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generally shallower but within ⇠ 50 % of the actual simulated LH to LGM and LH to LIG temporal gradients and temporal gradients calculated from multi-decadal variability are generally shallower than both spatial and actual simulated gradients. The largest sources of uncertainty in salinity reconstructions are found to be caused by changes in regional freshwater budgets, ocean circulation, and sea ice regimes. These can cause errors in salinity estimates exceeding 4 psu. Our results suggest that paleosalinity reconstructions in the South Atlantic, Indian and Tropical Pacific Oceans should be most robust, since these regions exhibit relatively constant δ Ow -salinity relationships across spatial and temporal scales. Largest uncertainties will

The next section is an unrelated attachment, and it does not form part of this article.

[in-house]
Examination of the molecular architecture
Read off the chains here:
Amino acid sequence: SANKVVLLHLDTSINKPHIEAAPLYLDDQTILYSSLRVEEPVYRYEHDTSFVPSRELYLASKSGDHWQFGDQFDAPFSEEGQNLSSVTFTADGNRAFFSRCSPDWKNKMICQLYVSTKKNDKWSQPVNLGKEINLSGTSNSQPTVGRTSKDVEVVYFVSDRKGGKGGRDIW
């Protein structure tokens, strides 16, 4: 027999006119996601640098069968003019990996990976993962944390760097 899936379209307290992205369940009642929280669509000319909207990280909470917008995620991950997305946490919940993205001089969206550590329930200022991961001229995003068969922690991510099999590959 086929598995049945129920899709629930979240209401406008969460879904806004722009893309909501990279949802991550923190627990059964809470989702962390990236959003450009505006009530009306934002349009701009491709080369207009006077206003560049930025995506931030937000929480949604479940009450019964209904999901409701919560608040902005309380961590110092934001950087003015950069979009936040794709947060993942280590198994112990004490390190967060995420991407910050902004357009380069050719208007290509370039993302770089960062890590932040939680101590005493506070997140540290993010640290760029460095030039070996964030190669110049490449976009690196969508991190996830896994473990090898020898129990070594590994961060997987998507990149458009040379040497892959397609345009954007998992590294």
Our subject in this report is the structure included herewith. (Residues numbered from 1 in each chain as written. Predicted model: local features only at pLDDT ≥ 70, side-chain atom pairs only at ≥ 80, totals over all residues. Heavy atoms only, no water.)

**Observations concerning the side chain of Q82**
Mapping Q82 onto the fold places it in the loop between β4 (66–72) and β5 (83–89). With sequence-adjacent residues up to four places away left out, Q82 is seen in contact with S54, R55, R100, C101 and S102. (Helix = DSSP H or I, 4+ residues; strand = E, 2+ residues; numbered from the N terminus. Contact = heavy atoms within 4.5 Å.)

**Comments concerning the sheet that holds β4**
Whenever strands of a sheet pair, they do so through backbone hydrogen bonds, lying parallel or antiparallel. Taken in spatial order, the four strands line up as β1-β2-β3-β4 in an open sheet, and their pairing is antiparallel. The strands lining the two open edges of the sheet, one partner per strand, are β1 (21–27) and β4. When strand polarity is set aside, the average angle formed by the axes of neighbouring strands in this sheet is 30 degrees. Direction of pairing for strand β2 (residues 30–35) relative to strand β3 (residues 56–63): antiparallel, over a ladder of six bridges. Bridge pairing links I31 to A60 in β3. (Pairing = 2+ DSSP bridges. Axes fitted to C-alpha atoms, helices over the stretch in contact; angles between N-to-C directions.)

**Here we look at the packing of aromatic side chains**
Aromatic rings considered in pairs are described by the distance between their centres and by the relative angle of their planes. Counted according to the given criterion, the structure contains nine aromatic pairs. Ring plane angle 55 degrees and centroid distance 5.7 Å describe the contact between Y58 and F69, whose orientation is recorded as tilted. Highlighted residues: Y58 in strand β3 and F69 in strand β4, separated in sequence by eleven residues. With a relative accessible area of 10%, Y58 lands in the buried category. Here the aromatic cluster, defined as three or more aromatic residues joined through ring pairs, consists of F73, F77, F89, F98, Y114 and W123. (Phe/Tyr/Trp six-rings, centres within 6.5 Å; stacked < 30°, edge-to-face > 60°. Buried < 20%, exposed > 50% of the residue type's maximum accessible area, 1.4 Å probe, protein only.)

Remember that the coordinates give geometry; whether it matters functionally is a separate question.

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behaviour. Nowadays, it is well known that the Earth’s rate of rotation (), and hence the length of the day (LoD), is not constant in time, but exhibits changes of the order of a few parts in 10 8 , i.e. δ/ ∼ 10 −8 . Though variations with the largest amplitude occur over the decadal timescale, ob- servations of the evolving state of Earth rotation have re- vealed the occurrence of variability on many timescales rang- ing from days to centuries and longer. This wide range of timescales is the expression of the wide variety of processes influencing Earth rotation. These processes involve external tidal forces, superficial processes concerning the atmosphere, oceans, and hydrosphere, and internal processes taking place at the core-mantle boundary as well as within the solid Earth itself (Hide and Dickey, 1991). This is the reason why, for many years, scientists in the field of astronomy and Earth sci- ences have been focusing their attention on the interpretation of the Earth rotation fluctuations as a key to understanding fundamental terrestrial dynamical processes.